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3 Guantanamo detainees withdraw offer to confess

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  • Detainees change minds after judge said 2 others needed competency hearings
  • Five had offered to plead guilty to charges relating to September 11 attacks
  • It has not been determined whether defendants will face potential death penalty
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WASHINGTON (CNN) -- Three of five Guantanamo Bay detainees who said they wanted to confess to charges relating to the September 11 terrorist attacks rescinded the offer after a judge required two to undergo competency hearings, according to a military spokesman.

A sketch shows Walid bin Attash, left, and Khalid Sheikh Mohammed in court at Guantanamo Bay in June.

A sketch shows Walid bin Attash, left, and Khalid Sheikh Mohammed in court at Guantanamo Bay in June.

Khalid Sheikh Mohammed -- the confessed architect of the attacks who was captured two years later in Pakistan -- and four other alleged co-conspirators asked a military judge Monday whether they could withdraw all pending motions and plead guilty to conspiracy and murder charges, Maj. Gail Crawford said in an e-mail.

The military judge initially accepted the requests from Mohammed, Ali Abdul Aziz Ali and Walid bin Attash but ruled that competency hearings are first needed for Mustafa al-Hawsawi and Ramzi Bin al-Shibh, because "questions exist as to their competency to stand trial," Crawford said.

After the judge made that ruling, Mohammed, Ali and Attash rescinded their offer to plead guilty.

It has not been determined whether the defendants, formally charged in June, will face a potential death sentence.

The defendants announced their decision in front of relatives of victims in the al Qaeda-orchestrated attacks, said Jennifer Daskal, senior counterterrorism counsel for Human Rights Watch. She attended Monday's hearing.

The five are among the defendants in a heavily scrutinized proceeding that experts say may serve as a bellwether for future hearings involving foreign fighters.

The commissions have been delayed for years by legal challenges, and the U.S. Supreme Court ruled an earlier version of them unconstitutional in 2006.

"What should have been a major victory in holding the 9/11 defendants accountable for terrible crimes has been tainted by torture and an unfair military commissions process," Daskal said Monday.

"This is the government's last hurrah," she said, referring to the final weeks of the Bush administration's second term, which ends January 20.

But Hamilton Peterson, whose father and stepmother died aboard the hijacked jet that crashed into a Pennsylvania field, said the defendants received due process -- and "they were mocking it."

"I think the fact that we as a country are taking the high road, and the fact that all of you are here -- including international press, including Al-Jazeera -- that it is unequivocal how fair we are and that this is the only way to move forward," he said.

Denis McDonough, a senior adviser to President-elect Barack Obama, said that no decisions have been made about what to do with the 255 inmates at the detention facility at the U.S. naval base at Guantanamo Bay, Cuba, and that "there is no process in place to make that decision until his [Obama's] national security and legal teams are assembled."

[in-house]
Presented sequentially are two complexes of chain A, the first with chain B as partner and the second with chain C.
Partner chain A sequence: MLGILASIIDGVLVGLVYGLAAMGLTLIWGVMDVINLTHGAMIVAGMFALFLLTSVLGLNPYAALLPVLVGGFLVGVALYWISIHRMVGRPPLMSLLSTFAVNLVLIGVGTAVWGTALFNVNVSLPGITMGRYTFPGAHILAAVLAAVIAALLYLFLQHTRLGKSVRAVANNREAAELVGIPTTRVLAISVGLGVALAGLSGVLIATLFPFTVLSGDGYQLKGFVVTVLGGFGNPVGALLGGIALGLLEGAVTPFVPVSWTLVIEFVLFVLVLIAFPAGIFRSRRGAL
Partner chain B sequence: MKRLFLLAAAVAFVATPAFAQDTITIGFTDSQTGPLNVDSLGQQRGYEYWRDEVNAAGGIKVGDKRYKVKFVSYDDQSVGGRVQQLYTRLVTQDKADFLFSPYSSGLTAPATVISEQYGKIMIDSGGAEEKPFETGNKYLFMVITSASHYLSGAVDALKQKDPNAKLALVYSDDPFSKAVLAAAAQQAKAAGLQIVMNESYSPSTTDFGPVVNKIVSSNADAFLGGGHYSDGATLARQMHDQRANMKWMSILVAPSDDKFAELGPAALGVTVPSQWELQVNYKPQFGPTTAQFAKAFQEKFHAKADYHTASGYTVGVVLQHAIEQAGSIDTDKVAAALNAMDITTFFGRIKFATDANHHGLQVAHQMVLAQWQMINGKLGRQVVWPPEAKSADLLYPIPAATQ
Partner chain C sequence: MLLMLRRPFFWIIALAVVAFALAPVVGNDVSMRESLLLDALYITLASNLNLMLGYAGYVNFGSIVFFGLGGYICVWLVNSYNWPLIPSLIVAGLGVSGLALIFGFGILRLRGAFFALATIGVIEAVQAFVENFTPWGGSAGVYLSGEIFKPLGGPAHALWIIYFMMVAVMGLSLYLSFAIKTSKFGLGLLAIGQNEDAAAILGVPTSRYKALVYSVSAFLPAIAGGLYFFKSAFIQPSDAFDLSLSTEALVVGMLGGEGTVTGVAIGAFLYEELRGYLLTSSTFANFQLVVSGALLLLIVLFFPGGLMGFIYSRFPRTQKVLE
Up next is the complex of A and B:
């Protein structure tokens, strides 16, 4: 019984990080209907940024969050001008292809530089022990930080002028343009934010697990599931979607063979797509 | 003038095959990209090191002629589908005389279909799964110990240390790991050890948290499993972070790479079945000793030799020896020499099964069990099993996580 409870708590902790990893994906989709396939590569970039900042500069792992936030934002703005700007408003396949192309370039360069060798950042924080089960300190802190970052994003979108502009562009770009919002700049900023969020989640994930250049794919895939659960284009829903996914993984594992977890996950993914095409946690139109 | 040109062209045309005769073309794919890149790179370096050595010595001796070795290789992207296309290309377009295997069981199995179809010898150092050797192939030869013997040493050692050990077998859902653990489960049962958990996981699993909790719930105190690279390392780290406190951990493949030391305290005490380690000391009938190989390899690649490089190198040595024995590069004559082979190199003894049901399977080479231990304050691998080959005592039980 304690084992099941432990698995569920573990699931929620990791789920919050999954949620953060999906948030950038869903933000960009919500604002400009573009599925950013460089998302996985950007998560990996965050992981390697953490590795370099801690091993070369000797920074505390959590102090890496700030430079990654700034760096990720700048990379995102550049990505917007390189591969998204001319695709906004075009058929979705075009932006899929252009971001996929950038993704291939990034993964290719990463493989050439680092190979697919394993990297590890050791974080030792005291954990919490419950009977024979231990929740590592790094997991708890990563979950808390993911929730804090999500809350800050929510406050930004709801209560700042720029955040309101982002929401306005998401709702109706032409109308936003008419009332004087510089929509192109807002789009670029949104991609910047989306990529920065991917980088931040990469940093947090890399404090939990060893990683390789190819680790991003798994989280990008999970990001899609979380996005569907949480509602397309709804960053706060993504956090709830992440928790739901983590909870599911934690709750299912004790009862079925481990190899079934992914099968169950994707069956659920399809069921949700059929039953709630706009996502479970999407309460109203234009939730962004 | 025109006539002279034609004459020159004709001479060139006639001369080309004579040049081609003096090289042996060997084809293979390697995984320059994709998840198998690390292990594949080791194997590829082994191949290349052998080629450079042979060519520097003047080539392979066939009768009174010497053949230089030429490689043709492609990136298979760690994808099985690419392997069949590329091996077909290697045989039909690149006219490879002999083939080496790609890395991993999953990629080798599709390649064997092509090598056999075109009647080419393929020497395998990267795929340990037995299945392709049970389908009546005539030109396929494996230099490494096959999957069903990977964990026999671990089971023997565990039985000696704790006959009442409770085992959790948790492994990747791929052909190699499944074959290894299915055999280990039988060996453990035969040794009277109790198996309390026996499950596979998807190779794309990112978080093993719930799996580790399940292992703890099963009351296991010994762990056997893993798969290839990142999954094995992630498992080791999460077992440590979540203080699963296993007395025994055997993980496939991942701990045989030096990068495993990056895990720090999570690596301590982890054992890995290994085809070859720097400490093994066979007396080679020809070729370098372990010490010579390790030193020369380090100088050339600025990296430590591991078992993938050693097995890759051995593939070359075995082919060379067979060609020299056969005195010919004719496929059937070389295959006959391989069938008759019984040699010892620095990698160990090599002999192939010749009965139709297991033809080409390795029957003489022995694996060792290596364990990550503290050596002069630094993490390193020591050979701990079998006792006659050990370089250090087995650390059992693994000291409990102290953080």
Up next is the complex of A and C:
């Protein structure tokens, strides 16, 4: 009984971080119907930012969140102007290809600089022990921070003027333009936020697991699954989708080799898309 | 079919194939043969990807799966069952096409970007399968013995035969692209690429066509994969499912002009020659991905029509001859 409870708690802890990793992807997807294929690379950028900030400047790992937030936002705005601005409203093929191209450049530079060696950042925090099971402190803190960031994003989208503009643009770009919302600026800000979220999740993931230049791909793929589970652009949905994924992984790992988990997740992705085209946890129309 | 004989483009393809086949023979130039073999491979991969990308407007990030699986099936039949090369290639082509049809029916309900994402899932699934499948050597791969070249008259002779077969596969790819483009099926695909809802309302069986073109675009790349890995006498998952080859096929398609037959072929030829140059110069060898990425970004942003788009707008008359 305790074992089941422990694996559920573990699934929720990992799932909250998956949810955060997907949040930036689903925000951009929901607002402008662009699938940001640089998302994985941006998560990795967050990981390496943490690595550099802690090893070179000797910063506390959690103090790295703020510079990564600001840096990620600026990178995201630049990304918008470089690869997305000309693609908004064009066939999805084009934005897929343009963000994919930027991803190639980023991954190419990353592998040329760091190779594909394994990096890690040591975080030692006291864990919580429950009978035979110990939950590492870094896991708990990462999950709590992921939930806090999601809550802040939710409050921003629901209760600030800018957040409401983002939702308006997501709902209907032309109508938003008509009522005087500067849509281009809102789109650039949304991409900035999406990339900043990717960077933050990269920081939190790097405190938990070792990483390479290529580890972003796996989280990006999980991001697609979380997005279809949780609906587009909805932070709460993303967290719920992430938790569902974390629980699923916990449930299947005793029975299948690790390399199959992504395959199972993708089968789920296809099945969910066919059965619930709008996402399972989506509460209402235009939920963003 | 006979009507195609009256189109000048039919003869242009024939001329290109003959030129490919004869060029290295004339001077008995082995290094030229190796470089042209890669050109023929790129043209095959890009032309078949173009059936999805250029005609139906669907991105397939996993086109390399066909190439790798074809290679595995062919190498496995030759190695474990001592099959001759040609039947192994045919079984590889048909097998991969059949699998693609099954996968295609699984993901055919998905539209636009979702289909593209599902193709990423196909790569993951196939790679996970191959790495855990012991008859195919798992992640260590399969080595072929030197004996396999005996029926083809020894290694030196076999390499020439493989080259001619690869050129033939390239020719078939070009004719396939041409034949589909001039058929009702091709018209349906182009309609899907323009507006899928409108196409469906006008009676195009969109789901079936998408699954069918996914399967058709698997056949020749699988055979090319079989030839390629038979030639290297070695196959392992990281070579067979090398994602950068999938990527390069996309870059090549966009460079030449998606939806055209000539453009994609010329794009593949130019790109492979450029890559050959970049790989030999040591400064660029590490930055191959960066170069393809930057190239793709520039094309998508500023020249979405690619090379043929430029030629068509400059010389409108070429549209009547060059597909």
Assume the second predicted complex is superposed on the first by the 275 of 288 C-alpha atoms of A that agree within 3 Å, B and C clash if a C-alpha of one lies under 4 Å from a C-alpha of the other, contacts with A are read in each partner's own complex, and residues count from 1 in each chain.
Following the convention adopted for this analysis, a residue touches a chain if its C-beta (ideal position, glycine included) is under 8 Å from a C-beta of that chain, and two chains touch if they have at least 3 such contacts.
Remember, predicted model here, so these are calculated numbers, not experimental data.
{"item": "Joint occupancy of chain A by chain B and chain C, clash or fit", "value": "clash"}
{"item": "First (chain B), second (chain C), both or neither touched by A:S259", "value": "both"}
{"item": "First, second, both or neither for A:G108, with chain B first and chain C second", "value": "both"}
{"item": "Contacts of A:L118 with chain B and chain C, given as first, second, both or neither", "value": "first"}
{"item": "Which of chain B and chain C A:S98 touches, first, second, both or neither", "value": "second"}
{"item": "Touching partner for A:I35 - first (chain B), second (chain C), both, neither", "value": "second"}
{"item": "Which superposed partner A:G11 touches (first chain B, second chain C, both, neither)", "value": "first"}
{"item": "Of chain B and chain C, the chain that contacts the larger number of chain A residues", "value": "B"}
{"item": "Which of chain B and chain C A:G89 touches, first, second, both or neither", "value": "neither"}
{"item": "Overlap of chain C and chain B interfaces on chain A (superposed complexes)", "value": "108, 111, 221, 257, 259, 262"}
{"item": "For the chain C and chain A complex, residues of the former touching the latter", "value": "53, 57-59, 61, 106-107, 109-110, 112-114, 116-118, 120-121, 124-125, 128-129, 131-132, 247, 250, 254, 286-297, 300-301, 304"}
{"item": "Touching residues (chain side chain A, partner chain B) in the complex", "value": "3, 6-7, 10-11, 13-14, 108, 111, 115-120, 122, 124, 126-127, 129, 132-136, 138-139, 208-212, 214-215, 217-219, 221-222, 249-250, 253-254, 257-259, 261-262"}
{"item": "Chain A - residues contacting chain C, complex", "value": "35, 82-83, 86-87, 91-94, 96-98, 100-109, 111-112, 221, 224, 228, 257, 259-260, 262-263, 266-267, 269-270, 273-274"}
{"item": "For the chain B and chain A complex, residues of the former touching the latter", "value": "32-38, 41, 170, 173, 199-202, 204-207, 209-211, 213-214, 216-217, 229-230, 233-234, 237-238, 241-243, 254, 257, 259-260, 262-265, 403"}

But officials close to the Obama team said that the incoming administration is pondering putting some of the Guantanamo Bay inmates on trial in existing federal courts, setting up a special national security court to deal with cases involving the most sensitive intelligence information, and releasing other inmates.

The detention facility was created on the grounds of the naval base after the September 11 attacks that killed nearly 3,000 people in New York, Washington and Pennsylvania and was intended to house foreign fighters captured on the battlefield.

Some conservatives have expressed reservations about the idea of bringing suspected terrorists whom the government calls dangerous to the U.S. mainland.

"There's really no place in the United States that can replicate the sort of operational security features that Guantanamo has," said David Rivkin, a former Justice Department official.

And Maureen Santora, who attended Monday's proceedings, said she was glad Guantanamo was there.

"I certainly think that this detention facility has provided a respite for the rest of America against people that are trying to harm us, and I am very, very grateful that it is not on the mainland," said Santora, whose son Christopher was a firefighter killed at at the World Trade Center in New York.

In 2006, President Bush said he would like to close the prison but announced that it needed to remain open to house "cold-blooded killers."

The Pentagon's chief prosecutor resigned in protest in 2007 after declaring that the military commissions had become "deeply politicized."

Critics say the camp has damaged the reputation of the United States overseas, with a U.N. report declaring that interrogation techniques used on prisoners "amounted to torture."

The White House has consistently denied that the United States practices torture, but CIA officials have admitted to using at least one technique -- "waterboarding" -- that has been considered a war crime in the past.

Several detainees, including Mohammed, were moved to Guantanamo Bay in September 2006 after being held in secret CIA prisons around the world.

CNN Senior Pentagon Correspondent Jamie McIntyre contributed to this report.

All About Guantanamo BaySeptember 11 AttacksKhalid Shaikh Mohammed

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